“It’s a shame to end on that call, it really is,” Bochy said. “We had him on fumes and that’s not a strike. But they got the call and that’s it.”

The Giants were left with their third loss in four games, a run that has halted their momentum. They again are 11 games back in the National League West, with so many nights like this one: A comeback seemed real, but the mistakes were too much to overcome. 

Williamson, in talking about his homer, pivoted and pointed to a blunder of his own. In a tied game in the fifth, Miguel Montero hit a single to right with Addison Russell on first. The speedy shortstop watched Williamson as the ball rolled into the outfield, and when Williamson didn’t charge as hard as he otherwise might, Russell took off for third. The throw was perfect, but late. Russell scored on a fly ball. 

“The home run is really cool but it would have been a lot cooler if I hadn’t have made the mistake earlier in the game and given them the extra run,” Williamson said, explaining that he has tried to focus on being smooth to the ball and not rushing on fast outfields. In the past, rushing has led to bobbles and extra bases. 

Another costly sequence came in the eighth. After the Giants left the bases loaded in the top of the inning, Steven Okert gave up a triple to Jason Heyward, who scored on a sacrifice fly. Okert, so good when he was first called up, has been less effective of late. 

“We’ve got to get our lefties going,” Bochy said. “We gave them a run there and that put it at three and that’s just enough to cover it for them.”

Truth be told, the Giants were probably lucky to even have worries at that point. The wind blew a three-run Heyward homer inches foul in the sixth, and while the Giants grumbled about the final call of the game, an earlier call on Heyward for running inside the base path took a Cubs run off the board and killed a rally. It was correct by the letter of the law, but one you rarely see. The Giants escaped, but they wouldn’t come all the way back, despite Williamson’s late push. 

The young outfielder has been looking to make an impact since coming back up on the last homestand. He knew how tough Davis has been.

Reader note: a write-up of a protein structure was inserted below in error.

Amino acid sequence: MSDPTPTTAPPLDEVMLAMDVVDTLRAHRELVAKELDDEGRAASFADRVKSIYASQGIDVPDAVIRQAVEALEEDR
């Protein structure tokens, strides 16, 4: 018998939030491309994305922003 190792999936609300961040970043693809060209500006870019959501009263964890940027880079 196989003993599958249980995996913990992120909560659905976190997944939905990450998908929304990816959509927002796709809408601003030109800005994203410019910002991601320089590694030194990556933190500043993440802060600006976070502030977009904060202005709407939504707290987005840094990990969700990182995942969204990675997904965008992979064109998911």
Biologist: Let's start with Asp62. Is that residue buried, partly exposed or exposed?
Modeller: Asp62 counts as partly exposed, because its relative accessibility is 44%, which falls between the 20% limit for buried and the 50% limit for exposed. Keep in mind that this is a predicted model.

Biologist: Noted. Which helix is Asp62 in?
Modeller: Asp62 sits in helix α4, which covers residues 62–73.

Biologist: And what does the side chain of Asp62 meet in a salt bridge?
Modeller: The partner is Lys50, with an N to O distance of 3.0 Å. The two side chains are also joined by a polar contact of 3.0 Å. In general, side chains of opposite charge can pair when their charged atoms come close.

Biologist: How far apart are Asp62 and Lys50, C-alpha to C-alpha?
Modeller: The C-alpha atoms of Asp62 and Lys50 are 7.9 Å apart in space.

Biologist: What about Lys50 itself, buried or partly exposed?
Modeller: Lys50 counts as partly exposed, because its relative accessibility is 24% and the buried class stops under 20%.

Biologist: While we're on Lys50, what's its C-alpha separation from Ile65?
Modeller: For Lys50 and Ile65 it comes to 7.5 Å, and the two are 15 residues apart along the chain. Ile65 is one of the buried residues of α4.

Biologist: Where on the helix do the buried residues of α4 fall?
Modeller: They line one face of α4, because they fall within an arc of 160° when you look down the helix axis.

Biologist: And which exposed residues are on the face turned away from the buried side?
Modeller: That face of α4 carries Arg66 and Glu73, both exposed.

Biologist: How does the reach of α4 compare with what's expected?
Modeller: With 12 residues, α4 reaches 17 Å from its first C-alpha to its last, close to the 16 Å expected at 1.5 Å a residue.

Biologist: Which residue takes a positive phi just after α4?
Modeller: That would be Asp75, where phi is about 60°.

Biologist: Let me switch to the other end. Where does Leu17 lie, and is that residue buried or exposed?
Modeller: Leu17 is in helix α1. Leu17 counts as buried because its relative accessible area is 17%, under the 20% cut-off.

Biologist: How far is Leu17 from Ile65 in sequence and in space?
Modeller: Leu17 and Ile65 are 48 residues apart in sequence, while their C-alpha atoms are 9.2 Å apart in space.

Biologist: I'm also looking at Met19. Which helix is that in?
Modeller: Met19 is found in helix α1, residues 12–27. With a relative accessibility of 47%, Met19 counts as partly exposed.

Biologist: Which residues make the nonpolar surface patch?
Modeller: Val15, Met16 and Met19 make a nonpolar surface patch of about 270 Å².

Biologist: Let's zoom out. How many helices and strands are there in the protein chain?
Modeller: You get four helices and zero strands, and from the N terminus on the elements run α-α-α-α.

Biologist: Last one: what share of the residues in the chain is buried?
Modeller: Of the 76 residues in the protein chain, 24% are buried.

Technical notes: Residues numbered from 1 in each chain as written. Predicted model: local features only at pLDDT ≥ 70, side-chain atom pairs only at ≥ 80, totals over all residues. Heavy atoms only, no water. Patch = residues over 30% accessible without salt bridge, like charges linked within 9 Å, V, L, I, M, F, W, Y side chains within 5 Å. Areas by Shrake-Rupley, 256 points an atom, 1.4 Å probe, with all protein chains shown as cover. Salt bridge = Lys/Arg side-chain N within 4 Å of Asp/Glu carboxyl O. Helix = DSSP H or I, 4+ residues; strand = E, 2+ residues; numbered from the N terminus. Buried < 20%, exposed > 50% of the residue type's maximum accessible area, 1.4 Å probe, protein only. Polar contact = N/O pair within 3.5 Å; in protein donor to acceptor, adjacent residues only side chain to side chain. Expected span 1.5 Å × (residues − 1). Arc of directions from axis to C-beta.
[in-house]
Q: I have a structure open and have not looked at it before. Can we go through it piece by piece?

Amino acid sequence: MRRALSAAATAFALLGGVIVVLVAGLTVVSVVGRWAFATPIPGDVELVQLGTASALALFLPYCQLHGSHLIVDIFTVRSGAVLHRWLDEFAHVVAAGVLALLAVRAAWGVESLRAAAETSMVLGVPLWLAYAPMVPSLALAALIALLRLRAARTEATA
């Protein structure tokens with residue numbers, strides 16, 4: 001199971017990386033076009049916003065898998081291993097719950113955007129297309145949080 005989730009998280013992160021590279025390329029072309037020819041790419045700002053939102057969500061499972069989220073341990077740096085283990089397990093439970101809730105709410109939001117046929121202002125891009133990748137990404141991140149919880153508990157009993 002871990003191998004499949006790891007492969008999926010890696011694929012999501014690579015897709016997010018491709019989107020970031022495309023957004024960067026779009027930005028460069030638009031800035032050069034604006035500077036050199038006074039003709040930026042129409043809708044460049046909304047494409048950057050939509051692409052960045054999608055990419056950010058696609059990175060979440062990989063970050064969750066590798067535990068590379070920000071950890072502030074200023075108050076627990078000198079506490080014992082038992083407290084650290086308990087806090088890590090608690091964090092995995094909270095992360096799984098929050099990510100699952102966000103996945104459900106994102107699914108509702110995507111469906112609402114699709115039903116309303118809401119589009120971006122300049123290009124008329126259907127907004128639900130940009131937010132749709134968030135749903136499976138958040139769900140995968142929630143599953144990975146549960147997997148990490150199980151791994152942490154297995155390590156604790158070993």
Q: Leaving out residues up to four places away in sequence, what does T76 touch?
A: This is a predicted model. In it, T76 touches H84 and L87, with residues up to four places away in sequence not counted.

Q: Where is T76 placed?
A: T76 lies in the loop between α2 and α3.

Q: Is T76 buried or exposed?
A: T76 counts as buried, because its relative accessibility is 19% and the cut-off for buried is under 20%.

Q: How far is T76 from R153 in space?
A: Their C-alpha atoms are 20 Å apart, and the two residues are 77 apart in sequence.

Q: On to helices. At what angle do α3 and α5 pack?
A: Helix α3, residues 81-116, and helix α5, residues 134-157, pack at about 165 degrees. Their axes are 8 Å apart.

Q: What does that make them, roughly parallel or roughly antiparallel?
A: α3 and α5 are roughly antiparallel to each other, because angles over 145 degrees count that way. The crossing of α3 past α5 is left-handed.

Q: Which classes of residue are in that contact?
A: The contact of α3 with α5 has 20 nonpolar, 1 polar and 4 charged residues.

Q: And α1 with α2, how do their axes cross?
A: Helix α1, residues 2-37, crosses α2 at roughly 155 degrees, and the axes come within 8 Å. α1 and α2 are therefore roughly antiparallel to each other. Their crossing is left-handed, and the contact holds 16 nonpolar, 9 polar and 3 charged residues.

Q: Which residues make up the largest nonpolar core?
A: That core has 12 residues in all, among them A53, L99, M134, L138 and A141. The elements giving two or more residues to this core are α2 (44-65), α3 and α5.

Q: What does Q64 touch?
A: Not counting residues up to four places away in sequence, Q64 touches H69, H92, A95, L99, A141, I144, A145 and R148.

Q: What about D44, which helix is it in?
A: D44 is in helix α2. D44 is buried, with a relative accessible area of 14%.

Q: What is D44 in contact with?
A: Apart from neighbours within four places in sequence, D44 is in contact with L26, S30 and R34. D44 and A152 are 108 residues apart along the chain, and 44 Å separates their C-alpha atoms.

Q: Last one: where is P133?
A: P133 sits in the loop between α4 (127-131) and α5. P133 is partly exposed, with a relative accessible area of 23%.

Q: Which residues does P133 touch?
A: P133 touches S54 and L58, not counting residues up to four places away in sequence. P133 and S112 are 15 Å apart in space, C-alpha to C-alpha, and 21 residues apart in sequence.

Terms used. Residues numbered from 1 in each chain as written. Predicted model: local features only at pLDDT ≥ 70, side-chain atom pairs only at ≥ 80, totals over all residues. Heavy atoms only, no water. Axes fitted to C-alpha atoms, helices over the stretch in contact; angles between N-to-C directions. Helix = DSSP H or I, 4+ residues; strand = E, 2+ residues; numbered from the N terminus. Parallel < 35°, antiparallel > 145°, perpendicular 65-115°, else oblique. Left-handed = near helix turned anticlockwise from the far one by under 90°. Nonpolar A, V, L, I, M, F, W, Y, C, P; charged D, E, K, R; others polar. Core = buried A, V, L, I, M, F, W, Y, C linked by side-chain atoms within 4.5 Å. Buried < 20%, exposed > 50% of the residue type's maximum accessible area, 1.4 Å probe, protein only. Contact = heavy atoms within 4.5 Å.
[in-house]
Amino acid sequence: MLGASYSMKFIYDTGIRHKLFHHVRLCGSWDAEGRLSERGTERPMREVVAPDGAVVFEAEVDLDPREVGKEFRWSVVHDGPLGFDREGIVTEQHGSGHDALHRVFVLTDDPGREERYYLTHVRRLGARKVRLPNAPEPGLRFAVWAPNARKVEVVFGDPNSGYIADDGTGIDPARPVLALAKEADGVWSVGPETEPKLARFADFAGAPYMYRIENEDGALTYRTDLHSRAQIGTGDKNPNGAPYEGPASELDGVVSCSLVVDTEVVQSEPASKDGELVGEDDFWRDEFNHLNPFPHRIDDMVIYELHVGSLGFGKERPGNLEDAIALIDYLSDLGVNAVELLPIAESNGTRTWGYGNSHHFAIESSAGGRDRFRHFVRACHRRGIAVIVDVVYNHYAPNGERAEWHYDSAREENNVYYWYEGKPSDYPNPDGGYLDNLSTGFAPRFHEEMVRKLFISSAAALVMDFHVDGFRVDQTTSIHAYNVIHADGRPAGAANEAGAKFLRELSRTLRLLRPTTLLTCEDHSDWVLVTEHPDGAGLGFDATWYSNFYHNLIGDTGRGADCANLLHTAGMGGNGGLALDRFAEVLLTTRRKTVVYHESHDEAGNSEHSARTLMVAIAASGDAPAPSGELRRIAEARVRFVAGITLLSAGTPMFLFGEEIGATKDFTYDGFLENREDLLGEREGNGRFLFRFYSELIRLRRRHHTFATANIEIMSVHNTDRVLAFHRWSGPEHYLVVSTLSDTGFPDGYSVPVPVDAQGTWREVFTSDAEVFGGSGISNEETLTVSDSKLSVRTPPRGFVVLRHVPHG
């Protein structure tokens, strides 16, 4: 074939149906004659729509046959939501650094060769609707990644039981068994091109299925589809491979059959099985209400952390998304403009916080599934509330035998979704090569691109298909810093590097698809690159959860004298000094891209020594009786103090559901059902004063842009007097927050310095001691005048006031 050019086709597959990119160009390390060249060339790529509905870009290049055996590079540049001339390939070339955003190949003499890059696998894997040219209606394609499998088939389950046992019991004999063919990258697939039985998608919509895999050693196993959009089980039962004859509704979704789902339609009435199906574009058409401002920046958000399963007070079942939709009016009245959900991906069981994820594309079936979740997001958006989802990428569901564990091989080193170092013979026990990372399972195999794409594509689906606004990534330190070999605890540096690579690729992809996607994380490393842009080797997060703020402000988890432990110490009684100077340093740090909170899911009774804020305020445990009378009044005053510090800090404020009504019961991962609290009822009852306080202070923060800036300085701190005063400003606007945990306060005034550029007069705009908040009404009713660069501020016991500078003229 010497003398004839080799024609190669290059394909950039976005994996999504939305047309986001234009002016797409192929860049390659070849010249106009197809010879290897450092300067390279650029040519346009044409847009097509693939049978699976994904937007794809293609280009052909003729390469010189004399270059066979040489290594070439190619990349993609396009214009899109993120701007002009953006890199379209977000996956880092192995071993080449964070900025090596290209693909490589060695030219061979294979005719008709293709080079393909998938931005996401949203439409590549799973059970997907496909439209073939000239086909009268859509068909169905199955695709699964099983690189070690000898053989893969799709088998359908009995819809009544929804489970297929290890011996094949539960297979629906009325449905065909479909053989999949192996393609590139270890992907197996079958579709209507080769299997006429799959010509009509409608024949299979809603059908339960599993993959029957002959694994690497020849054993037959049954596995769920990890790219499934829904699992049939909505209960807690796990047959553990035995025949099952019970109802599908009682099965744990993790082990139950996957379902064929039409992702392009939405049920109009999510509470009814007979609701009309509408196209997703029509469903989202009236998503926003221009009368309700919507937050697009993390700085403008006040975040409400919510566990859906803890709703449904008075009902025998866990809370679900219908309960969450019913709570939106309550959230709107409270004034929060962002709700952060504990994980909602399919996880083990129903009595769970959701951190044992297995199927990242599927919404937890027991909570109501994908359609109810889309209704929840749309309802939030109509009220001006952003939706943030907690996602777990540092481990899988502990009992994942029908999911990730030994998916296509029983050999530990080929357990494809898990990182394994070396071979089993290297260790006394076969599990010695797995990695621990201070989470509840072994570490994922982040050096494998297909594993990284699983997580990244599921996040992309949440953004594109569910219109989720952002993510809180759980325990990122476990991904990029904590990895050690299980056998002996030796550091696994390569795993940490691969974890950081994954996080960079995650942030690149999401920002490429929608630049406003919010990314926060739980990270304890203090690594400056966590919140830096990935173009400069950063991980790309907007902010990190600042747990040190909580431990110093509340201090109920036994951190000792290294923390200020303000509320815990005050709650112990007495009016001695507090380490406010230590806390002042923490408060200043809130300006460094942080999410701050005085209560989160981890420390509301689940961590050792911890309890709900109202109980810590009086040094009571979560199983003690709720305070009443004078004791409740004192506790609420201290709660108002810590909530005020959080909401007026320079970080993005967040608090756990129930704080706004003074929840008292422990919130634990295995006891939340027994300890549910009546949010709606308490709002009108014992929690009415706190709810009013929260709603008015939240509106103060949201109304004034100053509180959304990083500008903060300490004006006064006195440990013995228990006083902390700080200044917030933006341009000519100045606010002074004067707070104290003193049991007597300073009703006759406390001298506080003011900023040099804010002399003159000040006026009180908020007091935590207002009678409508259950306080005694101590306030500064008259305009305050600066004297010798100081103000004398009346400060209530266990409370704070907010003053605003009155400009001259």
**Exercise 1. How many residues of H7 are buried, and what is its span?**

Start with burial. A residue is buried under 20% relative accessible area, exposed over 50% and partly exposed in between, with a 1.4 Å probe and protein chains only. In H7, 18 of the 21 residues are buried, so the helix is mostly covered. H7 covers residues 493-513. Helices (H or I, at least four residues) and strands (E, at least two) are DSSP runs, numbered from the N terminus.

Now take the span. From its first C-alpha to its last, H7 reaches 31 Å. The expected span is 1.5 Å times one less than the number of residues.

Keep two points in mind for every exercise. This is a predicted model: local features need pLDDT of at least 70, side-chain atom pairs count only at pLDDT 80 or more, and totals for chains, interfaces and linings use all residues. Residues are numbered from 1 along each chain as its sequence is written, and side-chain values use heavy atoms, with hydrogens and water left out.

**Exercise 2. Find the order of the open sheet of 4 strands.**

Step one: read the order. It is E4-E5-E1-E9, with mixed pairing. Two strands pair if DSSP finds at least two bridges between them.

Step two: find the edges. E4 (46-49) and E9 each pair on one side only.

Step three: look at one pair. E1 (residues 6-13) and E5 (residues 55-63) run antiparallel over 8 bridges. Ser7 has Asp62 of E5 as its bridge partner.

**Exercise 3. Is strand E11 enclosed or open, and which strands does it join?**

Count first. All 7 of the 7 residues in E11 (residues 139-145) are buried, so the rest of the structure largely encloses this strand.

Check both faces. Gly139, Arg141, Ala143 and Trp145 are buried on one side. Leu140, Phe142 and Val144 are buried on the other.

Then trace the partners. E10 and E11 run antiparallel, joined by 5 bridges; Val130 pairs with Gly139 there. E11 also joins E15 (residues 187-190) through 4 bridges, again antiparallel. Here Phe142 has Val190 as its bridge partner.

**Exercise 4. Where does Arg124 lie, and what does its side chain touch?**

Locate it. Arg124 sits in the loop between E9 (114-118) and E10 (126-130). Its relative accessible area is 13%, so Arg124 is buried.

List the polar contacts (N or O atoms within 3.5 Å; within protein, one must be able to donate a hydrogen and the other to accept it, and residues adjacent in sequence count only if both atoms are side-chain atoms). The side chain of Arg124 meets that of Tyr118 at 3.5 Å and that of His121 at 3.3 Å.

“He’s been the best in the game this year and the numbers speak for themselves,” Williamson said. “He has phenomenal stuff. You get in the box and figure you’ve got nothing to lose, battle as tough as you can.”

Williamson fouled off good strikes and tantalizing balls. When he lofted a 2-2 pitch toward right, he took off out of the box. The ball carried just over the wall, and Williamson didn’t look up until he rounded third. That’s when Phil Nevin started yelling at him to slow down. Nuñez, who had a tight hamstring, turned and told Williamson to slow down.

“I kinda blacked out for a second there,” Williamson said. 

“I was like, ‘Bro, it’s a homer — just jog,’” Nunez said.

The moment temporarily sent a rush through the dugout. Minutes later, the Giants were left livid over a game that probably shouldn’t have been so close, but nonetheless was right there for them to steal. 

Instant Analysis: Giants' rally falls short in 5-4 loss to Cubs

Instant Analysis: Giants' rally falls short in 5-4 loss to Cubs

BOX SCORE

CHICAGO — The Giants will need a win on getaway day to clinch their first winning road trip.

Wednesday's comeback attempt fell just short, as the Giants scored two in the ninth but lost to the Cubs 5-4. Since taking the first two games in St. Louis, they have dropped three of four, falling 11 games back of the Rockies in the division.

Here are five things to know from the coldest Giants game of the year … 

— Mac Williamson fouled off eight pitches before going the opposite way against Wade Davis, who entered with a 0.00 ERA in 19 appearances. The two-run homer ended a run of 19 consecutive solo shots by the Giants, two short of their own MLB record. It was the first homer off Davis in two years. 

— The sixth inning was one of the stranger escapes we’ve seen from a pitcher this season. With two on and one out, Jason Heyward blasted a Matt Moore pitch right down the line and it looked like it would give the Cubs a 6-2 lead. The wind blew the ball a couple of feet foul. Heyward then topped one down the line and Moore’s throw bounced away from first, allowing a run to score. But the umpires called — correctly — Heyward out for running inside the line. It’s a call you rarely see. Moore then struck out Addison Russell to keep what could have easily been a 6-2 or 4-2 game at 3-2. 

— Before the first game of this series, a Giant asked in the dugout, “I wonder what some of the Cubs’ numbers would look like at our place?” Anthony Rizzo is a .159 hitter with no homers in 18 career games at AT&T Park, but he had no issues on a night when conditions were worse than they are most nights in San Francisco. Rizzo homered off Moore in his first two at-bats. 

— Rizzo will occasionally put a bunt down to beat the shift — he had an accidental bunt in his third at-bat — which the Giants have long wanted Brandon Belt to do. Belt pushed one away from the shift in the sixth, and even though it was too close to pitcher Kyle Hendricks, the throw was off and Belt reached second. One of those a week would open up a few more holes. 

— This lineup has made a habit of making mediocre and downright bad pitchers look good, and the actual good ones are taking advantage, too. A night after Jon Lester recorded his first complete game of the year, Hendricks threw seven innings for the first time.